We talk to the woman behind one of the most successful localized TA communities, and it turns out being social in 2018 means straddling the online and offline worlds.
Online groups are no longer the domain of trolls and haters, there’s a whole world of cyber communities centered around skill/profession/interest that are galvanizing members to follow these passions, and even taking it IRL with meetups.
The localization of internet groups is an interesting turn for the technology synonymous with globalization and anonymity, but it could be a great one. People who once lamented the disappearance of in-person interaction may now dry their tears and logon, or at least that’s what one social recruiter predicts.
Kasia Borowicz started on the localization trend three years ago and is now seeing great returns in the network of Polish recruiters she built from scratch out of a UK basement. We sat down with Kasia ahead of her session at Hiring Success 18 EU to understand what this new trend means for recruiters and what businesses need to do offline to stay relevant online.
Is there a secret to building online communities?
My guiding principle of social media is to think: would I do this on my personal channel? A personal channel is usually about conversations and multi-level interactions where you like, comment, tag, crowdsource, and stay in touch, whereas business channels almost exclusively broadcast their own needs and send mass messages.
To steer away from the latter, I always suggest starting groups. Groups give you the opportunity to share your content, but more importantly, they provide a space for your community to be social together.
What are you into right now?
Something that has caught my eye recently are local online communities. I started a Facebook group for Polish recruiters three years ago, just me in a basement hoping for one or two likes, now it’s 2,300 active people.
Groups like mine are springing up all over. I’ve seen recruiter groups pop up in Germany, Spain, Israel, Estonia, and more. I think it’s really positive that a global phenomenon like the internet is helping people connect locally and learn in their native languages.
However, even though these groups are local, they welcome recruiters from wherever. So someone who wanted to ask about recruiting norms of a particular area could learn from practitioners who work there.
How does recruiting vary by region?
When I first got into sourcing it was in the British market. To be honest, my English wasn’t so good. I’m from Poland originally, and it was, shall we say, obvious. Not just in my accent, but in how I held conversations. In Poland, we don’t do small talk. If you ask someone how they are doing, you better be ready for a 30-minute answer, because you’re about to hear about their whole life.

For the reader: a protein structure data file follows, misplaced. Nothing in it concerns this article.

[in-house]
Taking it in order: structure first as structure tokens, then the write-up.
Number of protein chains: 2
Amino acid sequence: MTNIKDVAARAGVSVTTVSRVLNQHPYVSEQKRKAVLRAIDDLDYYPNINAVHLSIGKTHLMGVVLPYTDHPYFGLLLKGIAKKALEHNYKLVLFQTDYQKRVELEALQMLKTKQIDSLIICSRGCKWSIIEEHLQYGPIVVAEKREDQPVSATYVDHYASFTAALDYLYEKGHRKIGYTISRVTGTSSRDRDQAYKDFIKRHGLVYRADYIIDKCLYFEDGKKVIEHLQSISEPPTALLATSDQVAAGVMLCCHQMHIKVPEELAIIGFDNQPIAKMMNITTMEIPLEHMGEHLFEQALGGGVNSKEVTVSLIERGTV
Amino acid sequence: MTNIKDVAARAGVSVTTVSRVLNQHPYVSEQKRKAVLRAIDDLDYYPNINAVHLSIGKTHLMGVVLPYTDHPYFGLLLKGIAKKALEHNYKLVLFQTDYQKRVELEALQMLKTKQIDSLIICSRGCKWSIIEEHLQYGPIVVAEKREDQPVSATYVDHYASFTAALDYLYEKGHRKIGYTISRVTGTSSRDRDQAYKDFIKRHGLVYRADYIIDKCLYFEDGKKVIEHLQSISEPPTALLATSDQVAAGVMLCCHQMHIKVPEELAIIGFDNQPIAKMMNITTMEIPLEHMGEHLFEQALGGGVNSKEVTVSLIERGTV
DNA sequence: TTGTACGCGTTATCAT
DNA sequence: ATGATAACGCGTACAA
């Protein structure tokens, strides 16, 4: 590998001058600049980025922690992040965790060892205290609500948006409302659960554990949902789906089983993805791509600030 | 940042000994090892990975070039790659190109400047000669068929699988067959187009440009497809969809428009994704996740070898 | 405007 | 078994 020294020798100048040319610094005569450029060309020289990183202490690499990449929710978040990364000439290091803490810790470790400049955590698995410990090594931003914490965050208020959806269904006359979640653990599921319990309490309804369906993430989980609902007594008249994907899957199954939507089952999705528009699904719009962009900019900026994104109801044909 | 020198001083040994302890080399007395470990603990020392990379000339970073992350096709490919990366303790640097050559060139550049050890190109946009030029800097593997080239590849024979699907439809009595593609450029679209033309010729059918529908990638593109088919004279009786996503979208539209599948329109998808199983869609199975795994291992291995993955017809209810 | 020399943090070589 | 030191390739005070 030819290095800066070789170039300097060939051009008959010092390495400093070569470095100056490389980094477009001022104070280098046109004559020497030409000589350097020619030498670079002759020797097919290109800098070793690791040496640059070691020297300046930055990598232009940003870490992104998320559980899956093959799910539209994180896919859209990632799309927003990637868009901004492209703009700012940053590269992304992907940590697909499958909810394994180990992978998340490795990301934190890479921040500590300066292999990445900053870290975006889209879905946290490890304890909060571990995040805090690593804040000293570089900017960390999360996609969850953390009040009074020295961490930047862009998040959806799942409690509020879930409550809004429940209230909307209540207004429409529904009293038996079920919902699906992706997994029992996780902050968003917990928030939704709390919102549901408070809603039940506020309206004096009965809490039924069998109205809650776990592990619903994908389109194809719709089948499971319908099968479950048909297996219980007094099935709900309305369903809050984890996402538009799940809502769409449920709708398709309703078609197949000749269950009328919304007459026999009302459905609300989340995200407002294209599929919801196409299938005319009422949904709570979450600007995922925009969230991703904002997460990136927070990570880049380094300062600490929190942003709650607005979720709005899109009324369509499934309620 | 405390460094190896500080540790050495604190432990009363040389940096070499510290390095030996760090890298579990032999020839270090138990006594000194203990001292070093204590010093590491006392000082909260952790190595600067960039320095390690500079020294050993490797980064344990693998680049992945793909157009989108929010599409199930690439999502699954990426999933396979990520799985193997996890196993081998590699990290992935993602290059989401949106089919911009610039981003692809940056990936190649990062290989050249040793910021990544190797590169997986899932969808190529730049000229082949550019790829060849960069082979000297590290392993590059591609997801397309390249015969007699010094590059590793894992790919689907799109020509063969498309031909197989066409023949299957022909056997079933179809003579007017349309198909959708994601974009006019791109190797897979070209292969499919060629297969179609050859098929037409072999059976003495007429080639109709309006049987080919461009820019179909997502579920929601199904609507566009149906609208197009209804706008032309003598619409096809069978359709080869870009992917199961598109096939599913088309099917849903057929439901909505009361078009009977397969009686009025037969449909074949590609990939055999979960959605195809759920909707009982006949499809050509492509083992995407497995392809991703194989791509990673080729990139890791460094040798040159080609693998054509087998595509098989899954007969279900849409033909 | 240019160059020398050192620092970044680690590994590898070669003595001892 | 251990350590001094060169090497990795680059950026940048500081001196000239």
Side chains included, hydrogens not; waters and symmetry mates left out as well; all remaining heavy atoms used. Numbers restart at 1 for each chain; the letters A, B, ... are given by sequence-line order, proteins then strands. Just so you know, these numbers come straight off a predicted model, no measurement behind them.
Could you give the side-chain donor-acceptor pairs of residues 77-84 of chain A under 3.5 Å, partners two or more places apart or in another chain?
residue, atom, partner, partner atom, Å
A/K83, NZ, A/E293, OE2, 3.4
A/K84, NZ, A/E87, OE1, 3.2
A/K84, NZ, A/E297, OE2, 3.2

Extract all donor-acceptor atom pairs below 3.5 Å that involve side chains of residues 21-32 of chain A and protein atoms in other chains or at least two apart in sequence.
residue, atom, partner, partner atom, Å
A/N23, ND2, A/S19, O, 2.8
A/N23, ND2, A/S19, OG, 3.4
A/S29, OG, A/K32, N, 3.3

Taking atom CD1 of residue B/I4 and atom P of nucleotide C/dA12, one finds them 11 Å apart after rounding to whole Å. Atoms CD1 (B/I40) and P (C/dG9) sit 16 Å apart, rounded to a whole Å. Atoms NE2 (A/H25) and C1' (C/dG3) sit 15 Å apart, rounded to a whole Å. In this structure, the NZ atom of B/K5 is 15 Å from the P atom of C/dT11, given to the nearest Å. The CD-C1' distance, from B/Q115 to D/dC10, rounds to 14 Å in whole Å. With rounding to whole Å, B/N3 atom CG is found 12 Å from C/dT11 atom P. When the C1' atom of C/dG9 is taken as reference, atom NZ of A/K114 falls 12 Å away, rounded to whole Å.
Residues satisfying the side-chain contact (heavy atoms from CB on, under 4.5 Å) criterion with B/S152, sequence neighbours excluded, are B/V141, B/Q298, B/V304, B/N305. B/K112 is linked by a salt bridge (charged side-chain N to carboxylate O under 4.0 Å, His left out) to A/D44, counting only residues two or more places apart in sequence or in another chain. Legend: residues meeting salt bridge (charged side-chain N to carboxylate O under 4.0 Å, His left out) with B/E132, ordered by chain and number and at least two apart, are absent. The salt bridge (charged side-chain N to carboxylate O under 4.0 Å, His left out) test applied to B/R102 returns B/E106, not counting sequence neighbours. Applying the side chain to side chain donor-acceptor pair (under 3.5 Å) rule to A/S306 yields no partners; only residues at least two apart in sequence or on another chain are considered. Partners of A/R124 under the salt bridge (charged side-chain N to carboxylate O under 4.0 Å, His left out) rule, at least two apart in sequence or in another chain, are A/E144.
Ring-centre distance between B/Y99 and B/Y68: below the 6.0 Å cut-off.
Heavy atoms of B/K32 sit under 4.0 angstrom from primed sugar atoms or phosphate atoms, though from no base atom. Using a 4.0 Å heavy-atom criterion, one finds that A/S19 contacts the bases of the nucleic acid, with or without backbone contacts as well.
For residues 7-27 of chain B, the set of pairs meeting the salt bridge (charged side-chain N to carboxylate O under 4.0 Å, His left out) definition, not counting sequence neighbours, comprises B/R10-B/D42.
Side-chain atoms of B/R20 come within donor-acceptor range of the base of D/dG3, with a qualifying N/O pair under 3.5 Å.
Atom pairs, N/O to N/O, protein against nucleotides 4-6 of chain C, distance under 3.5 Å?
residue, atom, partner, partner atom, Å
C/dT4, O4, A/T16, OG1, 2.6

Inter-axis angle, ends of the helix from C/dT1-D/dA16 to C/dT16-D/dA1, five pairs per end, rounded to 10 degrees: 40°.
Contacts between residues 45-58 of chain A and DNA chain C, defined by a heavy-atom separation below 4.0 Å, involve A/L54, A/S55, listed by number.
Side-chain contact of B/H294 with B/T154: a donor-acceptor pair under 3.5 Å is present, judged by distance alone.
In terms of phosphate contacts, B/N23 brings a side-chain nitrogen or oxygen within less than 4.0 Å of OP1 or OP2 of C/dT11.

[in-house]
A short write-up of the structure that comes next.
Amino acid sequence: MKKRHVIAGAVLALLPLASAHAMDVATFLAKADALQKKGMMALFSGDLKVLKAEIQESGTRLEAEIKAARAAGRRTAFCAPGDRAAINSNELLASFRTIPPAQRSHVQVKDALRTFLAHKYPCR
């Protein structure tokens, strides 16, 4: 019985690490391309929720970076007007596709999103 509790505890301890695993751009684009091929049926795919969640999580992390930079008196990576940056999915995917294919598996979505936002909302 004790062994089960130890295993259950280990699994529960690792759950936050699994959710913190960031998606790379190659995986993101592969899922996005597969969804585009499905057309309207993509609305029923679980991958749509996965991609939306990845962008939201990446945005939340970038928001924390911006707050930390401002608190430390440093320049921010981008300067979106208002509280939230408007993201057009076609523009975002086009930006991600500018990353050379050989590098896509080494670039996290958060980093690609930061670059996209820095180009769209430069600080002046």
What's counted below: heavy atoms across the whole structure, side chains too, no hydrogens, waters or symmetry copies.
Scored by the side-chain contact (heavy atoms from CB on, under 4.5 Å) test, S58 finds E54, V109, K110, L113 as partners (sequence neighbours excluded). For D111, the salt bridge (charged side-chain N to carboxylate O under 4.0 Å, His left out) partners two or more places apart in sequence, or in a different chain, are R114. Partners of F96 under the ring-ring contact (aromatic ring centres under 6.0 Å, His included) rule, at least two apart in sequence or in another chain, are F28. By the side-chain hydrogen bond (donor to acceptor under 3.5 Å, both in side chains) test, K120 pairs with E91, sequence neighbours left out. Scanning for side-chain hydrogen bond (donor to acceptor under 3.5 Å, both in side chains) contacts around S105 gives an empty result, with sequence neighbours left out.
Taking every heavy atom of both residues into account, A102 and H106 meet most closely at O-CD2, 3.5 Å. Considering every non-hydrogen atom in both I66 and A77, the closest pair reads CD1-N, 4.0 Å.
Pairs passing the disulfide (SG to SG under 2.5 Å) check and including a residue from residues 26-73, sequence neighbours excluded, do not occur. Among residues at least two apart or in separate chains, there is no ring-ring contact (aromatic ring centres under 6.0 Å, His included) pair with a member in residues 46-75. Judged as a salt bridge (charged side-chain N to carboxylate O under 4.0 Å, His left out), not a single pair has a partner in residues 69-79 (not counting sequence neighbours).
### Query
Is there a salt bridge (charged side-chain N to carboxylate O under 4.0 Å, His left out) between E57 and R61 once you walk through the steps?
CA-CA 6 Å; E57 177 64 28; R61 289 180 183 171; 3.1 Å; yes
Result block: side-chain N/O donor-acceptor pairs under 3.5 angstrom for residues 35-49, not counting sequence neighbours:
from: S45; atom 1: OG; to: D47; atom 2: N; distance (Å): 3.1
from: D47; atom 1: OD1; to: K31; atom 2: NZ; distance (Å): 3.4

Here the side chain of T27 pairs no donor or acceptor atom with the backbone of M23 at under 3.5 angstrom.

Once I moved to London and became accustomed to British norms, the cultural mishaps began happening, funnily enough, when I talked to candidates back in Poland. One of the main differences I noticed was salary discussions. For British candidates, the money talk happens before the offer, whereas Polish candidates expect compensation negotiations to start post-offer.
Some people look at these differences and want to say one is wrong and one is right, but when you look at these particulars as a product of culture, each method makes sense in context.
Do you have any networking tips for the wallflowers out there?
I don’t think of myself as a natural networker. I often get really nervous, but what helps me is preparation, not just memorizing LinkedIn profiles – which I do as well – but thinking about what I want to learn at a particular conference or event. Once I know my objective, I start posting about it on my social media and see if anyone else is having similar conversations, and then I reach out to those people. There may still be moments where I’m standing alone, or feel a little awkward, but I find that making those online connections pre-conference helps a lot.
What’s the number one way people mess up social recruiting?
I think it’s a misconception that social recruiting is tied to the online world and social media in particular. A job advert doesn’t become “social” just because it’s posted on Twitter or Instagram; there has to be an enjoyable human interaction that earns the label “social recruiting.”
To make your recruiting truly social, you have to turn away from the expectation of tangible results and put time into building relationships. Social media is one avenue for building your community, but for me, true social recruiting happens when we shut down the computer and go talk to candidates.